The Italian ultra movement was inextricably linked with the political activism of the era but, curiously, Fossa never adopted a clear political identity. While rifts arose from a difference in ideology Commandos, Brigate and Fossathe groups led the Curva for 20 years in relative harmony, until Fossa disbanded in The story goes — and there are numerous accounts — that during a game between Milan and Juventus inthe group managed to steal a banner from a Juve ultra group known as Viking.
Fossa proceeded to unfurl this banner in the Curva Sud as a trophy of their conquest, but it later emerged that rather than stealing the banner, the Milanisti had obtained it senza onore without honour. The following Sunday the banners were back in the possession of their owners. Rumours spread that the swap had been organised in agreement with the police, a heinous crime Maldini e baresi candidating the world of the ultras and shocking news to the other groups in the Curva Sud.
Fossa ceased to exist, but the conflict in the Curva Sud went on. An Milan fan was shot in the legs. Monza magistrates concluded that the attack was part of an internal war among Rossoneri ultras over merchandising and tickets. Commandos and Brigate lived on, while new groups such as Guerrieri Ultras Ultra Warriors — formed of ex- Fossa members — were born.
The peace was eventually restored and now the majority of the Curva Sud has united under the umbrella of Curva Sud Milano. Their headquarters lie in the industrial area of San Giovanni but their members are spread across the length of the peninsula.
The infighting, the protests, their unabashed hubris and the revolving door in which groups form and disband appears rather ludicrous. It is bemusing but undeniably beguiling. In the midst of all the chaos there are codes and rules that must be followed stringently.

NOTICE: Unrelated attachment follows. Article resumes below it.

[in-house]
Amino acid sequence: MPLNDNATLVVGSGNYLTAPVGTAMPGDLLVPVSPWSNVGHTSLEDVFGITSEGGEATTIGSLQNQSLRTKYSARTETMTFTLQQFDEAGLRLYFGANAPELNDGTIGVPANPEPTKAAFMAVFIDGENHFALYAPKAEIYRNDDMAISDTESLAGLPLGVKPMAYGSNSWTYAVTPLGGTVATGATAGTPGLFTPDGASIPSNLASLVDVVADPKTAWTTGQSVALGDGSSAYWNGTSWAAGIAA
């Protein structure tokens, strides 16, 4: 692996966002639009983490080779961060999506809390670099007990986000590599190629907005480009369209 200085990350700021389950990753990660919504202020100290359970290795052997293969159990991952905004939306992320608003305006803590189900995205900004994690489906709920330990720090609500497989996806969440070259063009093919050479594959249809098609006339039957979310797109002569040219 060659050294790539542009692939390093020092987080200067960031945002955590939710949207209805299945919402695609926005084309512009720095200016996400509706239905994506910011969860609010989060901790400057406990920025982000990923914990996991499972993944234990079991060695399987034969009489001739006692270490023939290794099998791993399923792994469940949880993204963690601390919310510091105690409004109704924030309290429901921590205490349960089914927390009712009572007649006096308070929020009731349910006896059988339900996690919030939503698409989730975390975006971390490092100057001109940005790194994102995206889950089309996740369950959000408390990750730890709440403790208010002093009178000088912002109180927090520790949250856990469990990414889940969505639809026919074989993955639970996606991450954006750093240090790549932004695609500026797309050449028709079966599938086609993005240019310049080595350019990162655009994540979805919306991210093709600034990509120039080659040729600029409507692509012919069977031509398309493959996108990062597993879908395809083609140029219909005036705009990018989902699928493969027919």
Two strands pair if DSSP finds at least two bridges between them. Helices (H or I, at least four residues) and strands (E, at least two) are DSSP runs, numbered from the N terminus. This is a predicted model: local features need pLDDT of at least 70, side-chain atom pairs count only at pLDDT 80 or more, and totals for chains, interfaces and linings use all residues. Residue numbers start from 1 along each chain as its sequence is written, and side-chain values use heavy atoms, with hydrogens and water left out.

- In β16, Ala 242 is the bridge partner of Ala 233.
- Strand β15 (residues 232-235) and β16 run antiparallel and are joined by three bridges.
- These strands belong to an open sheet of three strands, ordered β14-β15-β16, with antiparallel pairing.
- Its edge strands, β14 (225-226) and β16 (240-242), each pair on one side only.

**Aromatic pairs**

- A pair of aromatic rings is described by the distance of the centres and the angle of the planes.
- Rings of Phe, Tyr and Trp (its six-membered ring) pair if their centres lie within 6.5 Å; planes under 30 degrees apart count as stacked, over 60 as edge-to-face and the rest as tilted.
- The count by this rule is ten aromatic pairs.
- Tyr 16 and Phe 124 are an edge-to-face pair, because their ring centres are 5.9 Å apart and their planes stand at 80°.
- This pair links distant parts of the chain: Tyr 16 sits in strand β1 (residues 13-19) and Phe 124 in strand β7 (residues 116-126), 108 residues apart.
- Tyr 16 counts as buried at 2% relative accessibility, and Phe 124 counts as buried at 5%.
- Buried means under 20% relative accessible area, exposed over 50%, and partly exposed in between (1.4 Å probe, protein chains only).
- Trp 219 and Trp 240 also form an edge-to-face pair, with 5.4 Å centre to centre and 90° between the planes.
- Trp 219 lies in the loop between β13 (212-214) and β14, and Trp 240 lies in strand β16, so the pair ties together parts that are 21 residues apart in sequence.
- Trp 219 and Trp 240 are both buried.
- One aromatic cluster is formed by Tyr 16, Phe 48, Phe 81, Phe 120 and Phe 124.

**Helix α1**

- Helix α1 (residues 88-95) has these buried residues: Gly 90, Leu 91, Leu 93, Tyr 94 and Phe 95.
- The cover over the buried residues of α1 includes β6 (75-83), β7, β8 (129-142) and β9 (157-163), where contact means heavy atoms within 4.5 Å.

It is madness but there is a meticulous method to the ultras madness. Imagine Italian football without them.
Imagine the San Siro on a Champions League night without the Curva Sudthe match devoid of incessant chanting, flares, smoke "Maldini e baresi candidating" spectacular choreographies. Not by the superstars on the Maldini e baresi candidating but by the supporters in the terraces.
No matter how much experience you have got, you get drawn into that cauldron of noise. Zvonimir Boban was one of the most talented players to play for Milan in the s, an impressive feat considering the status of that team. Zvonimir Boban, however, was the heartbeat of this team and is often overlooked. Every accolade has been bestowed on the likes of Maldini and Van Basten and rightly so but this talented Croatian is often missed out. Boban combined skill, intelligence and an outstanding passing range with a devastating shot; it is sometimes easy to forget just how good he was.
After suffering relegation with the southern team, he came back to Milan to embark on a golden journey in which he would win four Serie A titles, three Italian Super Cups, a Champions League and a European Super Cup. His partnership with Demetrio Albertini gave the team a touch of class and complete tactical awareness. Boban was a technical genius with a devastating ability to produce breathtaking goals.